Thursday, January 10, 2013

Tests for Dianosis of Dry Eye Syndrome and Treatments

How do you know you have chronic dry eye syndrome?

Maybe your eyes hurt, red, and swollen. Bright lights bother you.   You have been using eye drops constantly with dry eye relief - you want to put more drops in after 10 minutes.  Your eye doctor simply tell you to use more eye drops, the ones without preservatives, gel drops at night, prescription drops that is suppose to work.  Frustrating?

Do you know what tests your eye doctors can in order to diagnose dry eyes?

Dry eye syndrome is the most frequently discussed topic within the ophthalmic community because of its prevalence in the clinical practice. There are new diagnostic and therapeutic tools that can help detect and evaluate clinical signs and symptoms of dry eye.  Knowing these tests can help you ask your doctor to do them every time you visit.  

These test values can be very helpful in tracking your improvement when you take TheraLife Eye.


1. Ocular Surface Staining-
Fluramene is a new vital dye to aid the clinician in the evaluation of both the conjunctival and corneal surfaces for evidence of dry eye disease. It is a fluorescein sodium and lissamine green dye combination packaged in a 15 ml bottle with a control tip dropper that delivers a consistent concentration with each application. The new dye can evaluate both conjunctiva and cornea surface simultaneously will enhance our diagnostic abilities in a more efficient manner.

2. Tear Volume Evaluation; Critical to determine if Lacrimal (tear secretion) Gland is deficient.
There are 2 methods for measuring how much tears your eyes are secreting. Lacrimal Gland is important to know just how dry your eyes are. Both measurements are commonly used:

a. Shirmmer’s Test – a strip of paper is inserted into the lower of your eyes lids – the amount of tear collected is measure by mm on the paper strip. Normal values > 15mm.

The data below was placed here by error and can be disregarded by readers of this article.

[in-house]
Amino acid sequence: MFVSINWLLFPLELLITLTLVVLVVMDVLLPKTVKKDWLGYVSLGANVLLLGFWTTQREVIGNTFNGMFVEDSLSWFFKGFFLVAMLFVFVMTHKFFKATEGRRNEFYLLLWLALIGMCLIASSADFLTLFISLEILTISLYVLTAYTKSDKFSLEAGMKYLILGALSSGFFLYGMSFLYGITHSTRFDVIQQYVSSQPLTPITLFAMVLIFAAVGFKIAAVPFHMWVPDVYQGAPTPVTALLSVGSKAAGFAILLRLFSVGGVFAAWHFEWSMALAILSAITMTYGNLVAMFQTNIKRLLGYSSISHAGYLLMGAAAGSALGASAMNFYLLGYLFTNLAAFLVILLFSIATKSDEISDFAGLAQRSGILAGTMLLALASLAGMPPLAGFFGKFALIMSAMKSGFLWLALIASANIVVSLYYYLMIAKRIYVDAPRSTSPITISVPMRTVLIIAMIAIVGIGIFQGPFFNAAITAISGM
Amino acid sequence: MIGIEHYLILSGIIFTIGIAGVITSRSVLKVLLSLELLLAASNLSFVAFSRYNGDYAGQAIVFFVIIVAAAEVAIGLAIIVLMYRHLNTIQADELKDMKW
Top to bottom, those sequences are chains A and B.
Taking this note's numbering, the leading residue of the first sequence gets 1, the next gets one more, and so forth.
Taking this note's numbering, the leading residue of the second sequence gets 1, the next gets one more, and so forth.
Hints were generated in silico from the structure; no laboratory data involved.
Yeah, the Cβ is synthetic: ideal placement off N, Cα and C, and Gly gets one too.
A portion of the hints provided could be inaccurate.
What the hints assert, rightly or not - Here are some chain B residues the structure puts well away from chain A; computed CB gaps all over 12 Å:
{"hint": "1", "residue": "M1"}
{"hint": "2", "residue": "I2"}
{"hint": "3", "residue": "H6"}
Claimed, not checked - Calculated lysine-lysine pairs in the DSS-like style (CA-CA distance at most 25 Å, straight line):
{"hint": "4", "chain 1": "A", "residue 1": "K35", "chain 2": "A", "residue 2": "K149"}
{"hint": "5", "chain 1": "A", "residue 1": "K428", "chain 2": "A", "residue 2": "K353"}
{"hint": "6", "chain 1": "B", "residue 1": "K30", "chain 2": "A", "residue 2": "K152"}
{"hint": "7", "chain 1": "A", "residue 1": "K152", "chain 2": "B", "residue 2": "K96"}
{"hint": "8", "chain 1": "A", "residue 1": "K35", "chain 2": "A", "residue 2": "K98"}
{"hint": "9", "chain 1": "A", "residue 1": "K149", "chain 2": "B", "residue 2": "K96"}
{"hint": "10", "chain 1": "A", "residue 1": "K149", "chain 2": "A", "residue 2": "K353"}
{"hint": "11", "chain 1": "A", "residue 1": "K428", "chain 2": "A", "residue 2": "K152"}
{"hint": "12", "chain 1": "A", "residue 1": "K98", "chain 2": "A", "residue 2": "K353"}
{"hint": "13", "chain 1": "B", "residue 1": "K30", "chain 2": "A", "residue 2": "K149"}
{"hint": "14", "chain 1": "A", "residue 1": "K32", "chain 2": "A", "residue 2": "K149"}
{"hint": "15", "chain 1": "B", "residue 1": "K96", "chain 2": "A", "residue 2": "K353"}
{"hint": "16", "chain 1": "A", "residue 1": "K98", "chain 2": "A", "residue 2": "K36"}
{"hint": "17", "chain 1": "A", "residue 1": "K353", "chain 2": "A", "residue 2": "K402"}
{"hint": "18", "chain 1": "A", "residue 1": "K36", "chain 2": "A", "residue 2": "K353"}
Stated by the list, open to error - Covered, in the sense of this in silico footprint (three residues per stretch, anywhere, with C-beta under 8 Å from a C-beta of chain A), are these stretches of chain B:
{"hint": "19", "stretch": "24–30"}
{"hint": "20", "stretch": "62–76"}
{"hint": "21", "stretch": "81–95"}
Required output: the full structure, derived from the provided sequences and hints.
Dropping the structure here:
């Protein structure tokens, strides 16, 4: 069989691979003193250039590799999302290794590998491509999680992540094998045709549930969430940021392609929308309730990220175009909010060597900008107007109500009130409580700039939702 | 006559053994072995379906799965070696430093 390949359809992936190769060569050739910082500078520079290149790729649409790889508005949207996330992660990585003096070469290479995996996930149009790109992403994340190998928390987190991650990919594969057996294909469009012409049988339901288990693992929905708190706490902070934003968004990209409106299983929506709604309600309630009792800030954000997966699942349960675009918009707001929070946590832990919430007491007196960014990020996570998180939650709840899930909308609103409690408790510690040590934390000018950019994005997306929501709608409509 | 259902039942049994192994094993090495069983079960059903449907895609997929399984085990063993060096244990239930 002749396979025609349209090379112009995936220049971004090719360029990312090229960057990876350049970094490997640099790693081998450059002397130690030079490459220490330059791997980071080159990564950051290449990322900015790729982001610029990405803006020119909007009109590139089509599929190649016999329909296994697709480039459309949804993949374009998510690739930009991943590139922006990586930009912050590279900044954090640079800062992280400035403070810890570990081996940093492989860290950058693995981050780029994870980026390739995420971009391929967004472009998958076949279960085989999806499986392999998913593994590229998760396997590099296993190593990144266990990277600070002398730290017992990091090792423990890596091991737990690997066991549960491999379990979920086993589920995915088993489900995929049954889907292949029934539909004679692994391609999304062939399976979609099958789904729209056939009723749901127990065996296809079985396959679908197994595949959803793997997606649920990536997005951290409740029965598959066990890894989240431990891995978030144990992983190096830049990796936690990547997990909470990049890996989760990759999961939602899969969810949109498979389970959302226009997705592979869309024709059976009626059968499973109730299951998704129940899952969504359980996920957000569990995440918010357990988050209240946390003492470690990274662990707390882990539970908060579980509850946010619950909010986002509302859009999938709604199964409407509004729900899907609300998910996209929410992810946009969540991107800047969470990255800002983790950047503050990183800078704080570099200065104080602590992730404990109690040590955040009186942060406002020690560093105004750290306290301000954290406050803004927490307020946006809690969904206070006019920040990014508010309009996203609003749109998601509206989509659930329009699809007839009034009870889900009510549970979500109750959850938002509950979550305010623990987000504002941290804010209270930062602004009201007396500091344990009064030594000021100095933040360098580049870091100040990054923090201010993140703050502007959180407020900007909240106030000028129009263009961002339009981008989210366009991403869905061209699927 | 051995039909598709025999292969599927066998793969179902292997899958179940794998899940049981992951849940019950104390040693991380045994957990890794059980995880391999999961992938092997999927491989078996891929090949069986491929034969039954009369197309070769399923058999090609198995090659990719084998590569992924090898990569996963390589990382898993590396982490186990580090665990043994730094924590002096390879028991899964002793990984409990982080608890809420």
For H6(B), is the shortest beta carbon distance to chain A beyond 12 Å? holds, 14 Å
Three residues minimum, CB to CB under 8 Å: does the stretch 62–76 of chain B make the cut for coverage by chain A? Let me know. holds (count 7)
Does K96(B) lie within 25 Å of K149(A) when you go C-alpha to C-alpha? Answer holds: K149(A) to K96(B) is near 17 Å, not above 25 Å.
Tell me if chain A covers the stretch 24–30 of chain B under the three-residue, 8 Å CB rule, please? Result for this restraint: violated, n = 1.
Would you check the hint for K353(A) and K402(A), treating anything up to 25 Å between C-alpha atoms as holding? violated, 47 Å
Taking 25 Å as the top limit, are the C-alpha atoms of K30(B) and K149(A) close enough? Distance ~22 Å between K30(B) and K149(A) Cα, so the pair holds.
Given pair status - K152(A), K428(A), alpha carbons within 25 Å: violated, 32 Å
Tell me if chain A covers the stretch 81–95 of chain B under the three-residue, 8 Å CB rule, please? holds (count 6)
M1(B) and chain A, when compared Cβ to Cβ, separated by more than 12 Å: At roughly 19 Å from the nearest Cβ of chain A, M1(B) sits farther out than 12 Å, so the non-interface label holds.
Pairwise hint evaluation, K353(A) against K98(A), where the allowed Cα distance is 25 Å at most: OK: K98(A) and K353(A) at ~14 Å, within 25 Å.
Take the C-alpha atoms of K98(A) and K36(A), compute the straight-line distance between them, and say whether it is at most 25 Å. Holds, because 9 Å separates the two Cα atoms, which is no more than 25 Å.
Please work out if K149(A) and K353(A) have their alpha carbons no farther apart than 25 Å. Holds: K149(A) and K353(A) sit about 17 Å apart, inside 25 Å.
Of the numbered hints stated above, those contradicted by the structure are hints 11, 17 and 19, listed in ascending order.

b. Zone Quick – a thread with dye is inserted into the lower eye lid. Results are measured in minutes – faster than Shirmmer’s.

3. Tear Viscosity – measures how thick your tear is, an indication of meibomian gland function. Meibomian glands secrete lubricants to make your tears thicker. Thin tears make it easier to evaporate causing dry eyes. The most frequent problem is clogging making the lubricants impossible to come out.

Tear Breakup Time:  Your eye doctor uses a stop watch and measure the time it takes the fluorescent dye to disperse. The thinner your tear, faster it disperse and easier to evaporate.

Both your Lacrimal and Meibomian glands must function properly in a balanced manner in order for your eyes to feel comfortable.

Why TheraLife Eye?
TheraLife Eye is the only formula that treats both Lacrimal and Meibomian Glands simultaneous from inside out. It does so by stimulating and restoring normal cell functions to both tear secretion glands.

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This article is an abstract from April issue of Optometric Management, 2011.

1 comment:

  1. Most people don't know how their eye doctors diagnose their dry eye syndrome and how their dry eye therapy is determined. Learn what tests are done and how to ask for the results to track your dry eye improvement while on TheraLife Eye.